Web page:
Truly fearless parenting is a goal in the same way reaching the wall when you’re 20 yards away is in Bikram yoga. If you are not an idiot, you know it’s unreachable. But you still have to try.
I have given up babysitters for my boys, trusting them on their own for hours now when we go out.
But I don’t do so completely fearlessly.
“What if something should happen?” I think before I remember that, well, something could always happen.
So I wave goodbye and blow a kiss as they scurry off to play on the computer.
“Be good boys,” is my last reminder, knowing full well that cramming a bunch of information into the brain and expecting it to stick at the last minute never works.
I leave my boys alone sans the cute young girls for the same reasons highly sought-after research analyst Harry Balzer claims most people do things: because it’s cheaper and easier.
We save hundreds of dollars in babysitting fees with our newfound leave-the-kids-alone strategy, not to mention alleviating the psychic cost of booking the babysitter and hoping she shows.
I also justify the decision because I figure that I have to leave the kids alone someday and someday might as well be now, as my eldest gets ready to go off to middle school. It’s not going to get any easier to trust these tykes to take care of themselves, to heed my hissing warnings when I’m not around to hiss. In fact, it might get harder. I’m hoping practice will make perfect (or at least tolerable) by the time they’re considering deviance on a grand scale.
Besides, the more you sit and stew and imagine the cornucopia of horrors that could befell them if you should leave them to their own devices, the more you create kids who rely on you to make sound decisions for them — who can’t imagine that they can trust themselves.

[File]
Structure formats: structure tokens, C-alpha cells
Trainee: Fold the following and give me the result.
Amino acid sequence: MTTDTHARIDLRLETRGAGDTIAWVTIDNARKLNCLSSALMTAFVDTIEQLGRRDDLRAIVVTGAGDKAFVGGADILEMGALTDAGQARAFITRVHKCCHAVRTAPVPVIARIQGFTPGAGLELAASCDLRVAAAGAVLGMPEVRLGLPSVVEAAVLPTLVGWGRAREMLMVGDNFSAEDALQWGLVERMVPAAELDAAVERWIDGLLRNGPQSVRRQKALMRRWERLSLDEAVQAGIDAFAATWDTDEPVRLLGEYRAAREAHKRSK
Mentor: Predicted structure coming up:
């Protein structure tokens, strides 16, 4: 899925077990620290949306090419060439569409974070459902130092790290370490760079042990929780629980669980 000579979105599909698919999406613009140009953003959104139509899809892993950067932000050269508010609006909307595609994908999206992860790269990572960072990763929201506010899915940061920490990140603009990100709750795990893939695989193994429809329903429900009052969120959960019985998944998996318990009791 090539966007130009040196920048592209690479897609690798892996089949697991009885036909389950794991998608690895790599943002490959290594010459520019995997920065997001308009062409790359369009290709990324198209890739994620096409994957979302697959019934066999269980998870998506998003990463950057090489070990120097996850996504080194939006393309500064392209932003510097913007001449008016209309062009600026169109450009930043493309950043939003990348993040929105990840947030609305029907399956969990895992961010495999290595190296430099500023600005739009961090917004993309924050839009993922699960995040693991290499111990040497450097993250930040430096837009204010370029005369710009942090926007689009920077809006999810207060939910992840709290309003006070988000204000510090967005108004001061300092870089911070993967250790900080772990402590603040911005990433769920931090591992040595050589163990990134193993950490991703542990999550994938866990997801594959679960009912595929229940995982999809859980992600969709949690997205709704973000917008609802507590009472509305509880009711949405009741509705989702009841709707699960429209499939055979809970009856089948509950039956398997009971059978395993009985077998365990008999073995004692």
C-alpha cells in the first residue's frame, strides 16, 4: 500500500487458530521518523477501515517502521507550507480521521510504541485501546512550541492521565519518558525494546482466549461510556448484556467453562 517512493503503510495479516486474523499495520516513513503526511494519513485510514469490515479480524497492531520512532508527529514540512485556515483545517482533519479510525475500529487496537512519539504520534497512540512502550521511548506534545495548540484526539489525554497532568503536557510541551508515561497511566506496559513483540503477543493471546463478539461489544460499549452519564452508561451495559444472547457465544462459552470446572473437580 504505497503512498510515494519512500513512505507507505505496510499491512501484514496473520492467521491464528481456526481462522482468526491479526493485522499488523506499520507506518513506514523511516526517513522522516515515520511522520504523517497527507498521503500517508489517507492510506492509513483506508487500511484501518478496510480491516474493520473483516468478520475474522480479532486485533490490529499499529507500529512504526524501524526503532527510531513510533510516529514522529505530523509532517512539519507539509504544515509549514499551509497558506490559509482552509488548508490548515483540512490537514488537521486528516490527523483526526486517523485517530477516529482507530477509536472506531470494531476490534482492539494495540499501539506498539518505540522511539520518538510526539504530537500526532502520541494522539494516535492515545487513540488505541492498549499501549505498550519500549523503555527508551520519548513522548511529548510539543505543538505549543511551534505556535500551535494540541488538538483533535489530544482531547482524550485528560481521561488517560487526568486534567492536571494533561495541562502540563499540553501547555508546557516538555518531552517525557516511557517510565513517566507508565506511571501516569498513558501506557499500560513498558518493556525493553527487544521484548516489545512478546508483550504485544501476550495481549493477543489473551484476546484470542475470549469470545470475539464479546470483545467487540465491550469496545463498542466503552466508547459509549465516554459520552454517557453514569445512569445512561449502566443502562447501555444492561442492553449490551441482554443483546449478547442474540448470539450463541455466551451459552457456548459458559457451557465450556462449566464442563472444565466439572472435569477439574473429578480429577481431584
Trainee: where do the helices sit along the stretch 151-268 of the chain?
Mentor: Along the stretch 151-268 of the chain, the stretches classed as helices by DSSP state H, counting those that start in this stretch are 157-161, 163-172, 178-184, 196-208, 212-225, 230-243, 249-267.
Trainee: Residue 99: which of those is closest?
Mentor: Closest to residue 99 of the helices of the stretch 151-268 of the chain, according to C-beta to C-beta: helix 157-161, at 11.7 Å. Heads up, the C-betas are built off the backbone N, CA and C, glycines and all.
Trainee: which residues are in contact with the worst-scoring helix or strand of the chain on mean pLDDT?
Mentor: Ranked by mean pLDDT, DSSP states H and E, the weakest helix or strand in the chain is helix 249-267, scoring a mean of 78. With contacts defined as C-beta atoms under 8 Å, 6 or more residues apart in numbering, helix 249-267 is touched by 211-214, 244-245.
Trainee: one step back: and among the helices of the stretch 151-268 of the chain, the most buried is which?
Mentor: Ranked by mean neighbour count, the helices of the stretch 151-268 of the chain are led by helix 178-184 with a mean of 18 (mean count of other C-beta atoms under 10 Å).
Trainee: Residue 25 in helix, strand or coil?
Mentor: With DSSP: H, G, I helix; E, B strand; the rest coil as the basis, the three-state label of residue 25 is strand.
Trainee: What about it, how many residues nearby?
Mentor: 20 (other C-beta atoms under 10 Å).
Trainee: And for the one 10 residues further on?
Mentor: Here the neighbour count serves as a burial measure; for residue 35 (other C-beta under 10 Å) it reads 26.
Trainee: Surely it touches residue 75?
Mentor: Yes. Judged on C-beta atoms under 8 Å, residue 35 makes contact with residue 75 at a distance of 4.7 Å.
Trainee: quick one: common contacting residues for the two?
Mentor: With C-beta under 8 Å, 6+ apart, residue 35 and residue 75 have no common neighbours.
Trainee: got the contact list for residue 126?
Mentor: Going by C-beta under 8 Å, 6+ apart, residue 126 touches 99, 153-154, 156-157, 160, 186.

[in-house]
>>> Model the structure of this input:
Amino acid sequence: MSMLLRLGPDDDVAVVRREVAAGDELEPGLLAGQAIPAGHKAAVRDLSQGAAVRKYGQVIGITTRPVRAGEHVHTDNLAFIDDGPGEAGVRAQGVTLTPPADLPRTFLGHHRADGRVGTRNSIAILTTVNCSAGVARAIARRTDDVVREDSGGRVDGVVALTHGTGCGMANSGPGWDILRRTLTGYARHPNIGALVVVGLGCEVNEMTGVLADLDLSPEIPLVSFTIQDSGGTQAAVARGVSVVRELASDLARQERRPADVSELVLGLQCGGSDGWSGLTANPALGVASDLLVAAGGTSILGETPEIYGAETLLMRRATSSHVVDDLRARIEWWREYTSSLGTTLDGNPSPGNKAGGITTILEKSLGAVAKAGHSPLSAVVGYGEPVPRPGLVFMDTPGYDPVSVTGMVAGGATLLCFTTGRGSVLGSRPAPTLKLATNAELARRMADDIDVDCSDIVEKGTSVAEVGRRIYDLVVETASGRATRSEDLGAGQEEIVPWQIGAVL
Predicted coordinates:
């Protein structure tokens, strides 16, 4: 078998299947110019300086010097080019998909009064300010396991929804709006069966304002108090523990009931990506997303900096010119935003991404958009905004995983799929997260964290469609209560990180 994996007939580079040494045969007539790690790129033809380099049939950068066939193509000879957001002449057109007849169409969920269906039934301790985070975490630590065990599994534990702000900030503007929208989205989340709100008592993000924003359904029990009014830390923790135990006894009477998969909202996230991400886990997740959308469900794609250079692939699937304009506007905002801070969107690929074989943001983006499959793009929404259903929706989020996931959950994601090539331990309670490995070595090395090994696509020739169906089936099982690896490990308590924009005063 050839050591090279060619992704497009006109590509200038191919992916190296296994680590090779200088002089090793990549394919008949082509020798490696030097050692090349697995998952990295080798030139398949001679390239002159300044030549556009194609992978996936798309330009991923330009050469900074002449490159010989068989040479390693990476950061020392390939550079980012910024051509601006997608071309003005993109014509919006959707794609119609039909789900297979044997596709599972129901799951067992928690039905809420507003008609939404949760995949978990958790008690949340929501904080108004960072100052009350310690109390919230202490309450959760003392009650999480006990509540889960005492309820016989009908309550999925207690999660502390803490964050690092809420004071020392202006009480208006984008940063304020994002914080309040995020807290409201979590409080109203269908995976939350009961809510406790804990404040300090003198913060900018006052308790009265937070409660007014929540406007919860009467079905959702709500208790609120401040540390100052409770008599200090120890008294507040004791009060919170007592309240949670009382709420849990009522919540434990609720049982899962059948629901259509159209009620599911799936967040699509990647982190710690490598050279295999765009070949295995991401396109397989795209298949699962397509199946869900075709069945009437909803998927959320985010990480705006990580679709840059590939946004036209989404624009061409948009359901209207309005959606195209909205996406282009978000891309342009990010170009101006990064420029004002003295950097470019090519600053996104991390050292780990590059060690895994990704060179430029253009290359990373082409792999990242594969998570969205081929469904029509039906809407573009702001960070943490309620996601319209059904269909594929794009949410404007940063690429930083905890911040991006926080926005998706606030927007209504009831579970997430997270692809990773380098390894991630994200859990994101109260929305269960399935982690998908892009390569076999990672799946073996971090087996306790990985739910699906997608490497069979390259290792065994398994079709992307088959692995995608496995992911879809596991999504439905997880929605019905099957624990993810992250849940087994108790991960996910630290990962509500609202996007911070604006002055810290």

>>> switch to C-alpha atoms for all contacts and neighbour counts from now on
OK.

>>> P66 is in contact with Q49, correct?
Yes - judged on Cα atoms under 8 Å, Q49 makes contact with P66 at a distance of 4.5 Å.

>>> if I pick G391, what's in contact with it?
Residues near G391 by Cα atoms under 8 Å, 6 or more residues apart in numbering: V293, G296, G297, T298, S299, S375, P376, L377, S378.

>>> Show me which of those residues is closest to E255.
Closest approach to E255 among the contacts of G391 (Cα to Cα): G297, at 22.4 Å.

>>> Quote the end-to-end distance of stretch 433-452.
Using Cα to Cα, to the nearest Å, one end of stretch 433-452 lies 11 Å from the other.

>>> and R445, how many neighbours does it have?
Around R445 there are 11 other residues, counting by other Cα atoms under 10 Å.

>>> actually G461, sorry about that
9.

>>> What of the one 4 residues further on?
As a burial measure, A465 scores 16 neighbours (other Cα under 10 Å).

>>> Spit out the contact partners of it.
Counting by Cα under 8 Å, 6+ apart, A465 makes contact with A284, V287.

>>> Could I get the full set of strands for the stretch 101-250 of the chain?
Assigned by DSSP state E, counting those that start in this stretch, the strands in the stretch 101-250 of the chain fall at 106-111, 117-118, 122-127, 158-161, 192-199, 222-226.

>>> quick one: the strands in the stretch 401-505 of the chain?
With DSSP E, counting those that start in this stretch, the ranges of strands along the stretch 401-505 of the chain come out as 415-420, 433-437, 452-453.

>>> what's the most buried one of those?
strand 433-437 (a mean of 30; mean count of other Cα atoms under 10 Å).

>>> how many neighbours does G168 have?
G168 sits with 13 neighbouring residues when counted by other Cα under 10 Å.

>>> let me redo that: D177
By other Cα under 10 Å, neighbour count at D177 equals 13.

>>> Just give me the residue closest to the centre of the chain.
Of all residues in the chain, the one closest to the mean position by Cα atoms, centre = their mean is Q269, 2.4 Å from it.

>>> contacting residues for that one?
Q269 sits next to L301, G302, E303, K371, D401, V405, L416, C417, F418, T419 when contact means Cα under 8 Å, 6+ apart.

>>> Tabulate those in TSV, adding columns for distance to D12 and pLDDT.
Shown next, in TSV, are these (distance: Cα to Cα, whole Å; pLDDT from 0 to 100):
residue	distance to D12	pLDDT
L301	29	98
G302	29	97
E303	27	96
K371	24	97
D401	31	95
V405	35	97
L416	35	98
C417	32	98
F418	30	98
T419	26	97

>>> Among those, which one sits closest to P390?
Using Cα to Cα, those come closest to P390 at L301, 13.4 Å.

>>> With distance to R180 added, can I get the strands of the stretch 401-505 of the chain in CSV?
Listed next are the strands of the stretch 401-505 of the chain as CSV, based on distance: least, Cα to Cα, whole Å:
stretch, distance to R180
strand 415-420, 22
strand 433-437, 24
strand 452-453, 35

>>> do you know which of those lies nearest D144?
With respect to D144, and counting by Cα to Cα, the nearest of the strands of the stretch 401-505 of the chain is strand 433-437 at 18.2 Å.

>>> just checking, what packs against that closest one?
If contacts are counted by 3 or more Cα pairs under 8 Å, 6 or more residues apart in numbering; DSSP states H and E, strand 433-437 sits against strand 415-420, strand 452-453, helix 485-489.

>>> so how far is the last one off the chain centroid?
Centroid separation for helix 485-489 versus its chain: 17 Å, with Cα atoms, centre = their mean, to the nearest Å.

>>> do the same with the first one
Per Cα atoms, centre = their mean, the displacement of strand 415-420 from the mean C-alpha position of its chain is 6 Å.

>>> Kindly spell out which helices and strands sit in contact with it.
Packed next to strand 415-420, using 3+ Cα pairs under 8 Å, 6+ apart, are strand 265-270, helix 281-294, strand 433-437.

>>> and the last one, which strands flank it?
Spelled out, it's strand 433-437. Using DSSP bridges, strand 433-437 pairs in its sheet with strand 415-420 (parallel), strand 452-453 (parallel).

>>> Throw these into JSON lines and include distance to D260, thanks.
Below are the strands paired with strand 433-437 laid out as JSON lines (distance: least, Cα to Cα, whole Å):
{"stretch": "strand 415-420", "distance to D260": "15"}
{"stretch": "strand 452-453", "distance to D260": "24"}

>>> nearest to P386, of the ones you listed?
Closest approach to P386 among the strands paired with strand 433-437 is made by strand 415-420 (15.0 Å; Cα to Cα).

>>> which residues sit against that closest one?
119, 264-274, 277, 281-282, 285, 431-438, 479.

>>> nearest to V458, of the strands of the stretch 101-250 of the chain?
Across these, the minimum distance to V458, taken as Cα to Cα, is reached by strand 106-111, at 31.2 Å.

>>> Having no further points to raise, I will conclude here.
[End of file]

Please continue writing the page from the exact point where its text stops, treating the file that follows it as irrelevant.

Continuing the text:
And that is far scarier than any trouble my boys might get into at this age.
Now, they rebel by eating chocolate chips (sloppily leaving a trail I can call them out on later), or they watch shows on Netflix with a few too many curse words, or they fly down the stairs on couch cushions.
In fact, I am happily oblivious to what they do in the few hours we leave them on their own.
But that’s where the work toward being fearless comes in to play.
I don’t want to be scared of the world I live in and I don’t want my kids to be, either. I don’t want to warn them profusely not to answer the door or the phone, or not to talk to strangers, and build up their expectation that something scary should happen.
I may be a fool, but I want them to imagine the world as a mostly friendly place.
And crime usually happens with people we already know, a statistic that has severely diminished my belief in “stranger danger” to a trace amount.
My kids are understandably thrilled when we go out. They have sleepovers with the friends whose fearless parents are on board offering such freedom. The kids get gleam in their eye when they ask what time we’re leaving, and when we’ll be back.
When I see that gleam, I sometimes make the idle threat to call a babysitter, but instead slowly leave while reassuring myself that I hae made the right decision.
“REACH for the wall, REACH for it,” I’ll whisper in my head like I do at yoga class. “Fearless, fearless. All I can do is try.”
Read Fearless Parenting every other Thursday on BrooklynPaper.com.